Continuous Flow Synthesis Method for Fluorescent Quantum Dots


NANOSPHERESQuantum dots have potential applications in fields as diverse as medicine, photovoltaics, and quantum computing. The Center for Applied Nanotechnology (CAN) in Hamburg are making great strides in making high quality quantum dots available for research and large-scale production.

Quantum dots are nano-scale particles of semiconductor material, which are so small that quantum effects start to directly affect the particles’ electrical, optical and magnetic properties. This has many interesting implications on a larger scale – for example, fluorescent quantum dots can be designed which emit different colors depending only on their size.

The properties of quantum dots have been investigated in labs to a fairly high degree, so current research is focusing on very challenging applications, or on bringing the technology into the commercial realm.

This rapid development puts greater and greater demands on the quality of the nanoparticles – a challenge which CAN is rising to with a continuous-flow production method for their CANdots® product range. Daniel Ness from CAN explains the benefits of this technique:

“Some of our nanoparticle products, including the new Series A nanoparticles with visible-range fluorescence, use our continuous-flow synthetic method. This replaces more conventional batch synthesis, and greatly improves the reproducibility of the product, as well as being much easier to scale to higher production volumes.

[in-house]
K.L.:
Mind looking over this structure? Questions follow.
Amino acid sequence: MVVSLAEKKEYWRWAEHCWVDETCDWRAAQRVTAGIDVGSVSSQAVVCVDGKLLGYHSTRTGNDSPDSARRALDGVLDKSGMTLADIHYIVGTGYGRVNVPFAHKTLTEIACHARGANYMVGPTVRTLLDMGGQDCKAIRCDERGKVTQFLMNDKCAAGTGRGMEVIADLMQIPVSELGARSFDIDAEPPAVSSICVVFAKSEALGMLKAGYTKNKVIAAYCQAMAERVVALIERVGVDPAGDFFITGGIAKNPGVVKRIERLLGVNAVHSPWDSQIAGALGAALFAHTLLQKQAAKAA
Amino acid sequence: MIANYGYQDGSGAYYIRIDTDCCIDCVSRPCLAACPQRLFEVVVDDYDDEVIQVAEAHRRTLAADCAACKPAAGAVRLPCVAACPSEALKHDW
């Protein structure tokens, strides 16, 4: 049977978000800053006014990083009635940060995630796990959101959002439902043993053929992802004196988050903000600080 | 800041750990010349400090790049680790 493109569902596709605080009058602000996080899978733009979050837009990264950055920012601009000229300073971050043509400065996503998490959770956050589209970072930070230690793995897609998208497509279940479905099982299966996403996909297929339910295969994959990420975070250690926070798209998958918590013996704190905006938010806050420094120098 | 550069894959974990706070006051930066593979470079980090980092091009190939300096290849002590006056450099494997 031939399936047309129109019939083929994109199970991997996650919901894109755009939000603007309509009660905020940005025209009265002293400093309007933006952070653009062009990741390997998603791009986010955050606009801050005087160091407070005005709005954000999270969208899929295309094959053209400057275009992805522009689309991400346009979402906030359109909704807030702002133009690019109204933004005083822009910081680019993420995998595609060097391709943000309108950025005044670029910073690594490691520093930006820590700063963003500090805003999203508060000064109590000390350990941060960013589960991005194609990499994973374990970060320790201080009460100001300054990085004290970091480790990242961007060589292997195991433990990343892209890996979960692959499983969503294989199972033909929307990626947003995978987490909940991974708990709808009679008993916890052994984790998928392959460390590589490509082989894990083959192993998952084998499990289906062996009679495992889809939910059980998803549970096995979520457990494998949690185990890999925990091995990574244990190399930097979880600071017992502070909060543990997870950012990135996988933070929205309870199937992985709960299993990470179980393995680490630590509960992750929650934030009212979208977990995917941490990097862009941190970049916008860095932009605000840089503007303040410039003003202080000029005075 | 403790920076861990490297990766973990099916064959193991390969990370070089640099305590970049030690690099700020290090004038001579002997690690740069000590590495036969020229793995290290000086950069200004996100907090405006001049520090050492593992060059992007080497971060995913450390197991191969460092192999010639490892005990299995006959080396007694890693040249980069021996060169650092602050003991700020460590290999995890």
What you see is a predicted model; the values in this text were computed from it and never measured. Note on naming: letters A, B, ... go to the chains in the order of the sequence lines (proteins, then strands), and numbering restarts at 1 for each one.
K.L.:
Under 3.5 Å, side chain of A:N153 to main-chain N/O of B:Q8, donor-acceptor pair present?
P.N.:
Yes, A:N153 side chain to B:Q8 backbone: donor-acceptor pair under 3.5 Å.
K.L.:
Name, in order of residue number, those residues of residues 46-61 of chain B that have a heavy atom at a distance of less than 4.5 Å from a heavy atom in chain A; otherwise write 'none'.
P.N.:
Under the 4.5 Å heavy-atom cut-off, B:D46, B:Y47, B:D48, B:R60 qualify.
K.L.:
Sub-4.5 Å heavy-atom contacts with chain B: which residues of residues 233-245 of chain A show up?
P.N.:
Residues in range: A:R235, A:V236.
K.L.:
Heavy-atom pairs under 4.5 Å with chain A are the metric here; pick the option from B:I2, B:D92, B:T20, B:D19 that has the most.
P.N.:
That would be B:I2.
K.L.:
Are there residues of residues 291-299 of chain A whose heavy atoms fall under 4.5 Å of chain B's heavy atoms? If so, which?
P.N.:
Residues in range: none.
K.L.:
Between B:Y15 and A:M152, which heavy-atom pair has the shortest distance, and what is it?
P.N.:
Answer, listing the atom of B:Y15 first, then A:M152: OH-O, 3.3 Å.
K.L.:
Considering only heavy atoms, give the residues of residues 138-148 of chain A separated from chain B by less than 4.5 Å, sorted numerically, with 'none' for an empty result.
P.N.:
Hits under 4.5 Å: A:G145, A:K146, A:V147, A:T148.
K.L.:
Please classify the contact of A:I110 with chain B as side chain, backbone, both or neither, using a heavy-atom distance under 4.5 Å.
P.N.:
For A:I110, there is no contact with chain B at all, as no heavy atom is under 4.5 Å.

“The process is also less dependent on highly trained technicians, as the parameters are easier to control. We are now working on adapting this process for our other CANdots® products, and we have a patent pending on the process itself.”

 

CAN’s new product, Series A Plus, are fluorescent quantum dots made of CdSe, with applications in LEDs and solid state lighting, single particle spectroscopy and as markers for biological imaging. They were launched at the 2013 NSTI Nanotech Expo in Washington.

Daniel Ness, CAN

The CANdots® range covers many more types of quantum dots and nanocrystals, including Series C NIR/IR emitters based on PbS, and Series X rare-earth doped quantum dots with distinctive emission features ideal for tagging and security labelling.

CAN was founded in 2005 as a spin-out from the University of Hamburg, focused on the transfer of their expertise in the production of nanomaterials from research into industry. The center is working with an array of companies and universities to design and develop new nanotechnology products.

CAN are currently seeking industrial partners to work on scale-up of their continuous flow nanoparticle production process, particularly for applications in photovoltaics, LEDs, and life sciences.

                Date Added: May 30, 2013                                 | Updated: Aug 19, 2013

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Researchers Demonstrate Highest Open-Circuit Voltages for Quantum Dot Solar Cells